No company can assemble all the skills it needs within its own walls. You need a network of talented and trusted allies to succeed today.
In the premier issue of the publication Leader to Leader (1996), Peter Drucker made the following observation:
I met with a very big company not long ago - around 80 or so on the Fortune 500 list. They expect to be number 5 on that list in 10 years, and I shocked them by saying I don't think that list will exist, so that goal is meaningless. That list basically assumes that everything you do is under your roof and is owned by you and run by you. But already in many companies, most work is done through alliances, joint ventures, minority participation, and very informal agreements which no lawyer could possibly handle."
I don't agree with Drucker that the Fortune 500 list will be meaningless, but the trend he's citing is unequivocal. In a knowledge-based, free-market global economy, it is naive to assume that any organization can lock up all the necessary resources under one roof. Why would you want to do so, anyway? In a world where speed and agility are paramount virtues, and where your goal is to leap over - not waddle among - competitors, is it smart to weigh yourself down with a heavy, often debt-laden, vertically integrated organization?
Here's an alternative. As Tom Peters has noted, the key nowadays is not to own the resources, but to have access to them. So consider: Why not keep your in-house workforce as small as possible and borrow the best resources and talent? Why not determine what you are "world-class great" in and then link up with partners who are world-class great in other functions and in the non-value-adding activities that currently bleed you costwise while under your roof?
In the past few issues of Management Review, I have been outlining the "giant steps" described m my latest book, Leapfrogging the Competition: Five Giant Steps to Market Leadership. What I have described thus far in this column represents the fourth giant step in strategic management. As the title states, you literally must transform your organization into a web of relationships.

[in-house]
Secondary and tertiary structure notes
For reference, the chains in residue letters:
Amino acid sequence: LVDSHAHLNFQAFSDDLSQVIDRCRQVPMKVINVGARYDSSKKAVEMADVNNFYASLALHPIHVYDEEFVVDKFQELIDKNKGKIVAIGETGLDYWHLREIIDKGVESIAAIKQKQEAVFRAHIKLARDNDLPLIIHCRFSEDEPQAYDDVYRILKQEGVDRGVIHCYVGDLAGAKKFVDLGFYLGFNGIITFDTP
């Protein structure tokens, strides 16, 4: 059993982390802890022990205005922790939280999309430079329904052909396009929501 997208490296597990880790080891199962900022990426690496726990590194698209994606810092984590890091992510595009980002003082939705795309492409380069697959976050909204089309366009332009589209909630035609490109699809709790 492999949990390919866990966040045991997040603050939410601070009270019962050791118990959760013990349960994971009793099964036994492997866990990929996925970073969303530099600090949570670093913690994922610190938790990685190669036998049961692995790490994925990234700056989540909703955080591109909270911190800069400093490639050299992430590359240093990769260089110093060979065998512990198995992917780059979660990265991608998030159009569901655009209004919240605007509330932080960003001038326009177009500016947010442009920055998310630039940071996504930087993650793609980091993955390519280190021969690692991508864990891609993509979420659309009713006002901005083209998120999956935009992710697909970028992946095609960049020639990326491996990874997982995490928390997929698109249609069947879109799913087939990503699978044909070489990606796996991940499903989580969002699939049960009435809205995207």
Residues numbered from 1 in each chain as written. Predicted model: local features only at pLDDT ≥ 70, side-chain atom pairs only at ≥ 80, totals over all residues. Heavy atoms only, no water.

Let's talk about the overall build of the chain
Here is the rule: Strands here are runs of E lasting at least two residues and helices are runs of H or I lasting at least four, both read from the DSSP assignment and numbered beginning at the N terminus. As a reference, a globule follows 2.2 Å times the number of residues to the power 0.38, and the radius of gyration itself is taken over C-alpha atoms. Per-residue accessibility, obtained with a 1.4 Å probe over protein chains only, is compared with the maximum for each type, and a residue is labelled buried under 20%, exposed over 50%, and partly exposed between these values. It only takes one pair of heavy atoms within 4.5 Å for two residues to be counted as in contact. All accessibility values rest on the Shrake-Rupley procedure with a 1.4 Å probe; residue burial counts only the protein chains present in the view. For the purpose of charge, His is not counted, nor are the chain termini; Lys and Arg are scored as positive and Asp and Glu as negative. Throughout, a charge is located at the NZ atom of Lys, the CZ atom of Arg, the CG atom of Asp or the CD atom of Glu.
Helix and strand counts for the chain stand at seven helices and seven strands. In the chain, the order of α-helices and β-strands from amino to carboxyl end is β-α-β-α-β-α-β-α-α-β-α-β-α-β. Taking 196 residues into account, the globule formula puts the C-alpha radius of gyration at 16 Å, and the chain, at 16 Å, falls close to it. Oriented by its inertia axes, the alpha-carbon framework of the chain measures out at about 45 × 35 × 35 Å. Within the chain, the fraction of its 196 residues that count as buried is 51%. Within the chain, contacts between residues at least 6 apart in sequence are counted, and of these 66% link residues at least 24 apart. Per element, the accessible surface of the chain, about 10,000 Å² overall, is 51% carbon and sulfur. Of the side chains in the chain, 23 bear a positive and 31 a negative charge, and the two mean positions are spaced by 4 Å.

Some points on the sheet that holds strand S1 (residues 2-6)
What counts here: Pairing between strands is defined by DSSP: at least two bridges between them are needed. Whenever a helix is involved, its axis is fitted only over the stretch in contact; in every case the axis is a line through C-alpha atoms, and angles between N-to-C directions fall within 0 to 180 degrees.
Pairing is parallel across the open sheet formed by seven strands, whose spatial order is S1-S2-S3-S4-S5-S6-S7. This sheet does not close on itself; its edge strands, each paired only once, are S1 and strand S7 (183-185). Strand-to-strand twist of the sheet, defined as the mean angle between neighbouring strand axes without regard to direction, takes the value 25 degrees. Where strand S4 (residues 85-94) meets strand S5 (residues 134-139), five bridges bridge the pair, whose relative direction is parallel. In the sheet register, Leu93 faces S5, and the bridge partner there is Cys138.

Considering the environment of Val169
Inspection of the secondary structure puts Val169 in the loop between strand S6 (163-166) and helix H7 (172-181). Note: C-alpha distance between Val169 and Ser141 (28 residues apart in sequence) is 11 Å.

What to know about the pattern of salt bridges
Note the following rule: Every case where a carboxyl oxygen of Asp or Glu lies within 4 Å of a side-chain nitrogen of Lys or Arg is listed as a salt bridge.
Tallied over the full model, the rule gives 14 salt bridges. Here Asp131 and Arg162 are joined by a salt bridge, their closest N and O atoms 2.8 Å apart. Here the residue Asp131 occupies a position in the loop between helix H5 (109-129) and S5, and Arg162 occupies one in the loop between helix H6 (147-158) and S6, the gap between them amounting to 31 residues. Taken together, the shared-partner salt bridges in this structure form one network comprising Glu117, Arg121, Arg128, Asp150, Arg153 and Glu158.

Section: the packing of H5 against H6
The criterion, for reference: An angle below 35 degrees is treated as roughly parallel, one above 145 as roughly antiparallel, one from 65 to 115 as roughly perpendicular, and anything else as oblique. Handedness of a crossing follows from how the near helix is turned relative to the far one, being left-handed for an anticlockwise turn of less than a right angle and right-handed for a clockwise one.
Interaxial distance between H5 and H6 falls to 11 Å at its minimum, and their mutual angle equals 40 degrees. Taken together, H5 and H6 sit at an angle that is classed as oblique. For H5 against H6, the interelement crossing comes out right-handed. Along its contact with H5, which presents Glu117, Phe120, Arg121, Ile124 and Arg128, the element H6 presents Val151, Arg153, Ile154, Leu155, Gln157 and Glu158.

The premise is simple: To leapfrog, you need allies. Organizations that wish to leapfrog the competition continually cultivate trusted networks around the world because they do not believe for a minute that they, or anyone else, can magically collect and hoard the most valuable assets - tangible and intangible - within the confines of their four walls. In fact, they don't even view their organizations in terms of four walls. They view them as extensions of other organizations -their allies - all of which contribute unique value.
This is why Sun Microsystems enthusiastically relies on companies such as Netscape, IBM and Oracle to help develop software and business applications for its burgeoning Java technology. This is why EDS takes over many of Rolls-Royce Aerospace Group's software and hardware functions, designing engineering processes that substantially reduce the Group's product-development cycle time. This is not a simple case of "outsourcing"; it is what EDS calls "co-sourcing." The two have a genuine partnership aimed at achieving commonly held, bold goals. It is a sincere collaboration in which the parties physically intermingle with each other at work and hold ongoing, open discussions on planning, design and execution. It's also a vital product-development web, to the extent that EDS has built a research center near the Rolls-Royce facility and several hundred Rolls-Royce people technically "report" to EDS folks.
Think Global, Think Focused
Webs allow each participating organization to concentrate on developing and capitalizing on its own special competencies and niches without being diverted by activities and functions in which it is not splendid - but which someone else in the web is. Hence, each web member becomes an active and vibrant part of a network tide that raises all boats. …